Watch a female cosmonaut respond to sexist questions about her hair during a press conference


Cosmonaut Elena Serova was not amused when she attended a press conference recently where journalists asked her questions about her hair and her duties as a mom.

Serova will be the fourth female Russian in space when she joins the International Space Station later this year. It has been nearly 17 years since the last Russian woman was sent to space.

Why so few women? Igor Marinin, editor of Space News, said that women are often rejected for space missions because they are not as strong as their male counterparts. The belief is that working in space is "men's work," so female cosmonauts are like a novelty. Marinin stated that the head of Russia's space agency appointed Serova to help Russia's image, but that other female cosmonauts probably wouldn't follow her for a long time.

Marinin also made comments about Serova working with so many males on the ISS in close quarters is causing problems because she is a "charming, attractive woman."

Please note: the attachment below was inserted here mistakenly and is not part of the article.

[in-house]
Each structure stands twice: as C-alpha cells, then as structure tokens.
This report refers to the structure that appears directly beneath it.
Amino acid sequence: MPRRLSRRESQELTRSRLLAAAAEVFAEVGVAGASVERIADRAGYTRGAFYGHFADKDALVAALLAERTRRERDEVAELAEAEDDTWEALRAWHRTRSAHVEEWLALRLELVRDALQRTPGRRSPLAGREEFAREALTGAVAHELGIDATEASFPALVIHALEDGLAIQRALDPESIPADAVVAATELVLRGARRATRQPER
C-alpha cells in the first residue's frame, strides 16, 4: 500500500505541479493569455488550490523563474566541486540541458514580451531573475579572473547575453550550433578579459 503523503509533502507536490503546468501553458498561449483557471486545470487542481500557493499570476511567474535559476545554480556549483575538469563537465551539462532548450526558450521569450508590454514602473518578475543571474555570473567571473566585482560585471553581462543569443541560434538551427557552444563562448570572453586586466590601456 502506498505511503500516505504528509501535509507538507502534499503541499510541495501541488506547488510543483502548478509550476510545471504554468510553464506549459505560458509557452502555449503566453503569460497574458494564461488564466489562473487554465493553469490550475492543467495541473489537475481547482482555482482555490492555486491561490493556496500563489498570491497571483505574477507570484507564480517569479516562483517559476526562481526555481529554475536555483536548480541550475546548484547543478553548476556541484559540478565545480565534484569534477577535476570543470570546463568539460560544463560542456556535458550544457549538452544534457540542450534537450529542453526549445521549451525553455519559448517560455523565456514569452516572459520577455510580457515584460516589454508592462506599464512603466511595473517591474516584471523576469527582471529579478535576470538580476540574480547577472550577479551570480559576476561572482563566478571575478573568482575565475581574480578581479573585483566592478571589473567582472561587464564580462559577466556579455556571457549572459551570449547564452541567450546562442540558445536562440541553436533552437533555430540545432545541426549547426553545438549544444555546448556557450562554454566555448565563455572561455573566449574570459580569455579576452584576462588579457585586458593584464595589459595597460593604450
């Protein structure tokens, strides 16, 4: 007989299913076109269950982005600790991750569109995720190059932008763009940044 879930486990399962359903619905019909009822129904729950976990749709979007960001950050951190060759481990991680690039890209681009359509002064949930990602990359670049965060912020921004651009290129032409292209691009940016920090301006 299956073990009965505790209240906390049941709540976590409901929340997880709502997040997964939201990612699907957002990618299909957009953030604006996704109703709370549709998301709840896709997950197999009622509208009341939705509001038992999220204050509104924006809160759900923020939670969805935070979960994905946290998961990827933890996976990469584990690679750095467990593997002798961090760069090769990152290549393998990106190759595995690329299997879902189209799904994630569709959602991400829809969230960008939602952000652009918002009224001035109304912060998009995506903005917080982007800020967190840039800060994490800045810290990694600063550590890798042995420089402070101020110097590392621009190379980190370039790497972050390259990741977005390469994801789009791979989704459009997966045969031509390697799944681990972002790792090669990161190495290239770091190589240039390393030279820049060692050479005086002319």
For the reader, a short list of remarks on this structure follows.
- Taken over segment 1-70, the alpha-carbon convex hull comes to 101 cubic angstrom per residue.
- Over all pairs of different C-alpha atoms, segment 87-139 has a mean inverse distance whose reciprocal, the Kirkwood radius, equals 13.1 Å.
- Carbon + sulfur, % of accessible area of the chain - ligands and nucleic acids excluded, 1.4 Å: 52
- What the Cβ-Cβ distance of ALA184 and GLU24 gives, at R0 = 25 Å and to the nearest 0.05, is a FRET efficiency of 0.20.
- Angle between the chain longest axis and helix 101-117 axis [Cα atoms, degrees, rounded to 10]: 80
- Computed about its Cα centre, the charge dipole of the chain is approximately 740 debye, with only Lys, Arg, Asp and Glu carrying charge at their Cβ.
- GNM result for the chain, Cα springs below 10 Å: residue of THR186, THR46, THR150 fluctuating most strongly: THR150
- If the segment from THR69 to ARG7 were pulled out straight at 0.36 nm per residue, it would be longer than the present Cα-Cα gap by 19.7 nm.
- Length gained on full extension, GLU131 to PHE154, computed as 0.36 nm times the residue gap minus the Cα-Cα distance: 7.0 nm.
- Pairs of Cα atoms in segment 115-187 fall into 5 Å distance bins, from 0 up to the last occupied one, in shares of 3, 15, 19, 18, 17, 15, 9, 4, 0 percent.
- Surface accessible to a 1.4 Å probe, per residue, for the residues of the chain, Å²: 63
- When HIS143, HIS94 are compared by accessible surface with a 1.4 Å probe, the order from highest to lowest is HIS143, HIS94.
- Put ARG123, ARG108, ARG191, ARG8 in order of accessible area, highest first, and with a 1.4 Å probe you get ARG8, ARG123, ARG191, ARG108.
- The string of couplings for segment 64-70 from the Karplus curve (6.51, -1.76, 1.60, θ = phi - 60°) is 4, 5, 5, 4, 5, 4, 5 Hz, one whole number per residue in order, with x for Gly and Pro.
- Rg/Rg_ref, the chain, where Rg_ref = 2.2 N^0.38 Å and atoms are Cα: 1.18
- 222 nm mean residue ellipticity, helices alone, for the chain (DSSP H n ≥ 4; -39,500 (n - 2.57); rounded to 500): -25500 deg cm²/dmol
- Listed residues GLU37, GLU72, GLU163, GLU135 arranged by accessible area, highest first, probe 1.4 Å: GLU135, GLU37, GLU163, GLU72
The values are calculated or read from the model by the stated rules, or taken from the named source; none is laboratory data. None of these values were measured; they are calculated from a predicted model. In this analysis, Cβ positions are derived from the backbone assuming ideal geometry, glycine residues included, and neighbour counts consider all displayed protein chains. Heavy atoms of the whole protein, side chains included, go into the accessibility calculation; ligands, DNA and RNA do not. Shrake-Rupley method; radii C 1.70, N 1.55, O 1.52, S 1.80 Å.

Unfortunately, this backwards attitude carried into a press conference that Serova recently attended, with her fellow male cosmonauts. When asked about topics that were completely irrelevant to her journey to space, such as her hair and makeup routine, Serova did not shy away from pointing out the obvious.

"Can I ask a question, too: aren't you interested in the hair styles of my colleagues?" Serova asks. "My flight is my job."

One journalist did not take the hint and the resulting article mentioned Serova's "dark hair pulled into a tight bun" and her "strong, resolute face." The article did not mention the hair or facial expressions of the male cosmonauts present at the press conference.

Serova also fielded questions about leaving her 11-year-old daughter for six months. Serova didn't see it as an issue, because technology will help them stay close.

"I don't see anything that can impede our further close communication in space. because we have a lot of means of communication on board the ISS," says Serova.

Serova studied engineering at the Moscow Aviation Institute and worked as an engineer for RKK Energia, which manufactures spaceships. She eventually ended up at Russia's space agency mission control before the agency selected her as a cosmonaut.

However, it seems that Serova's accomplishments aren't as important as her gender. A female cosmonaut on the ISS is progress, but we still have a long way to go.

Skip to 30:30 to see Serova's response

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